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The Impact of COVID-19 on Financial Capability and Asset Building Services:

Exploring Equity, Accessibility, and the Future of Service Delivery

A new study conducted by Asset Funders Network (AFN) and the University of Wisconsin-Madison Center for Financial Security (CFS) to better understand the transition to remote services among financial capability and asset building (FCAB) programs, which includes financial education, counseling, coaching, emergency assistance, benefits navigation, housing supports, workforce development, and other related services.

map of U.S.The study included a series of regional focus groups and a nationally distributed survey. Focus groups were conducted with FCAB professionals in: Texas, Indiana, Louisiana, Oregon, Washington, and the Carolinas. Sessions engaged participants in conversations about successes and challenges experienced during the pandemic and how to support a more equitable utilization of financial capability services.

This report explores how service delivery evolved in response to the COVID-19 pandemic and what these shifts mean for funders and the field in supporting equitable, effective services. The insights from this study can inform strategies for FCAB services going forward.


The study data are drawn from a national field survey of FCAB providers’ perceptions of the delivery of services before and since the start of the COVID-19 pandemic as well as focus groups and interviews. Some of the core questions included: How did the shift to using technology impact service delivery during this tumultuous time? Did the shift in focus to stimulus supports affect FCAB service delivery and reach? How well are families and individuals – especially low-income or technologically limited people – able to access FCAB programs when they may have needed it most?

Key Findings: Successful Strategies
  1. Most focus group participants felt a greater ability to connect with more people by providing virtual services, as well as reach a more diverse clientele.
  2. Organizations are talking about equity in more concrete ways and analyzing their services through a racial equity lens to understand who is and who is not being served by their agency.
Key Findings: Challenges
  1. FCAB organizations have expanded the modes by which clients are able to participate in
    Services. However, racial equity also raises implications for the accessibility of financial services and elevates critical questions around existing barriers for clients and practitioners alike.
  2. FCAB providers shifted their focus to align with the specific and immediate challenges their clients faced during the pandemic. Nonetheless, practitioners in focus groups acknowledged that the pandemic has exacerbated the digital divide – the gap between populations with and without knowledge of and access to technology.
  3. Virtual services appear to be a complement for many services, not always a substitute, and help reach populations that are more diverse. However, programs still have to work through the growing pains of transitioning to technology.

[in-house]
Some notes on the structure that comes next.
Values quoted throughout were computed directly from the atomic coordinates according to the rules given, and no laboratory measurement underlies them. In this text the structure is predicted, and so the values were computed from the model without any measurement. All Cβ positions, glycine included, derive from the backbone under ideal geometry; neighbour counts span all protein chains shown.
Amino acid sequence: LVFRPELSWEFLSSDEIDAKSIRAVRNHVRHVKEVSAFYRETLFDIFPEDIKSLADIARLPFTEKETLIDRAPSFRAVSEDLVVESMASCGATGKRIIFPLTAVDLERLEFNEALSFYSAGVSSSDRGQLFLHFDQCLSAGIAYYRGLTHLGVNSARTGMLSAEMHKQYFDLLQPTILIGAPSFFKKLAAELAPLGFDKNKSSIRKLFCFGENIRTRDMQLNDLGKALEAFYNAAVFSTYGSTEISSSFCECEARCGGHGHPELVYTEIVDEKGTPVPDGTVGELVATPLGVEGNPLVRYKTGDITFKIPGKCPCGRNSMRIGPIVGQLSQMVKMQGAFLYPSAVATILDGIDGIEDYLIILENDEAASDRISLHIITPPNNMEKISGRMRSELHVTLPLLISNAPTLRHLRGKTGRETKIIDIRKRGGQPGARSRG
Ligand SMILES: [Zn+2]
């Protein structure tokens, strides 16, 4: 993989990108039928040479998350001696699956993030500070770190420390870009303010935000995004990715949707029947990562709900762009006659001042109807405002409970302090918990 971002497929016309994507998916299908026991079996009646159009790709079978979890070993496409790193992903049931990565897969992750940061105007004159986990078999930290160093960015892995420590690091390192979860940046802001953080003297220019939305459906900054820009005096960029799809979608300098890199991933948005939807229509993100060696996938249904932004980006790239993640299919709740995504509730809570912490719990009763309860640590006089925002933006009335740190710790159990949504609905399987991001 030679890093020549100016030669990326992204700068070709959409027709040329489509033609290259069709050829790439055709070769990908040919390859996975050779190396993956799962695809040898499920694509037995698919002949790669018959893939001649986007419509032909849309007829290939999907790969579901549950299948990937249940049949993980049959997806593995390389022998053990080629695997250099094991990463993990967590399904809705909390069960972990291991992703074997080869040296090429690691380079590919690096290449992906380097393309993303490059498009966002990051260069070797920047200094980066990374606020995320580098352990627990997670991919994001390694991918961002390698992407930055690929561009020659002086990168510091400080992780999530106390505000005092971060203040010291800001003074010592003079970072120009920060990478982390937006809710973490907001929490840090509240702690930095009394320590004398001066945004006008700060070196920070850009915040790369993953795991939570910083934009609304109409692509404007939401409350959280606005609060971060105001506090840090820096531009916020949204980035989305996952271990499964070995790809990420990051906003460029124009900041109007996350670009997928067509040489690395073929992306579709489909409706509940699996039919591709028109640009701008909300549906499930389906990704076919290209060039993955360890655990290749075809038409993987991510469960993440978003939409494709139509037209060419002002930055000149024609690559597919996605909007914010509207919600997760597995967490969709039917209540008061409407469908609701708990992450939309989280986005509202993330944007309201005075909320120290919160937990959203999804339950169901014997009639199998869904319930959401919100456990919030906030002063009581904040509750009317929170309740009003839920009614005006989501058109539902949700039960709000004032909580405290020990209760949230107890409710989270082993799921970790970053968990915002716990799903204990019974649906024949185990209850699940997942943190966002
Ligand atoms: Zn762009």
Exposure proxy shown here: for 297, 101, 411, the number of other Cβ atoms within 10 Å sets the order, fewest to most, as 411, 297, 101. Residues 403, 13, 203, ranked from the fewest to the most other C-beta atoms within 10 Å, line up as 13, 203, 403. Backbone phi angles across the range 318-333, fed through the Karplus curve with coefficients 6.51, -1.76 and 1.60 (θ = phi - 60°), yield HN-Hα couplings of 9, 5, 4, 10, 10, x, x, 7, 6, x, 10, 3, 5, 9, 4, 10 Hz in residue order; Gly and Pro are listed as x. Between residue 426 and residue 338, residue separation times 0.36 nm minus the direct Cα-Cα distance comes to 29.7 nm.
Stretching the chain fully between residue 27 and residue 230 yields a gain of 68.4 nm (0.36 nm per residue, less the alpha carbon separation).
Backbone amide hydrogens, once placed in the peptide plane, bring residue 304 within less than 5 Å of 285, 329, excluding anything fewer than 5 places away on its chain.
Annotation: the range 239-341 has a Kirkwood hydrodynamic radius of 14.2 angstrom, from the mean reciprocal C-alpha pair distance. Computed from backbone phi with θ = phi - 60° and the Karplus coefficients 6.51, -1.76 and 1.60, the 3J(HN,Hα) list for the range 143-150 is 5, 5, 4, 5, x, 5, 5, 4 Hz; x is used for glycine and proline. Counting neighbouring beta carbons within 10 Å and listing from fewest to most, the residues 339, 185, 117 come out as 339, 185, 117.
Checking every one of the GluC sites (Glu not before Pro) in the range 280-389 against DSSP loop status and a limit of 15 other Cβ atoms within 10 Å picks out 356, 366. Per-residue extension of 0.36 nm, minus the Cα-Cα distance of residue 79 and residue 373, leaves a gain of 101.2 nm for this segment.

What is next for the FCAB professionals in the year ahead?

As in the past three years, prospects for FCAB professionals will continue to hinge foremost on the introduction of technology and how it is managed.

Almost three years into the pandemic, the widespread impact of COVID-19 continues to deepen, increasing poverty and exacerbating existing inequality that have disproportionately affected low-income families and women.

Our analysis zooms in on the future, taking an in-depth view of key findings impacting FCAB professionals to better understand where they are, where they are going and what we need to do.

The actions we take now will shape the future of low-income families and women for years to come.

Key Findings Include:

  • An increased demand for services, but most programs did not see an increase in funding.

  • Prediction that virtual services will continue to develop so their organizations can expand their reach and increase accessibility.

  • Anticipation that many in-person services will return to in-person modes. But, the survey data show that providers also plan to continue using virtual modes in the future.

As providers adapt to an increasingly challenging and uncertain future, they remain committed to addressing the most vulnerable population’s needs. They, in fact, feel that their organizations are operating well right now. The majority agreed that virtual services are the same or better as in-person for clients and can help them overcome the impacts of the crises.
This study, in fact, points to the field’s proven intent on rising to meet the changing needs. Whether pivoting to provide services that were more relevant and timelier or overcoming technology and access challenges, the pandemic shed light on strengths in the field that can act as building blocks for continued growth.

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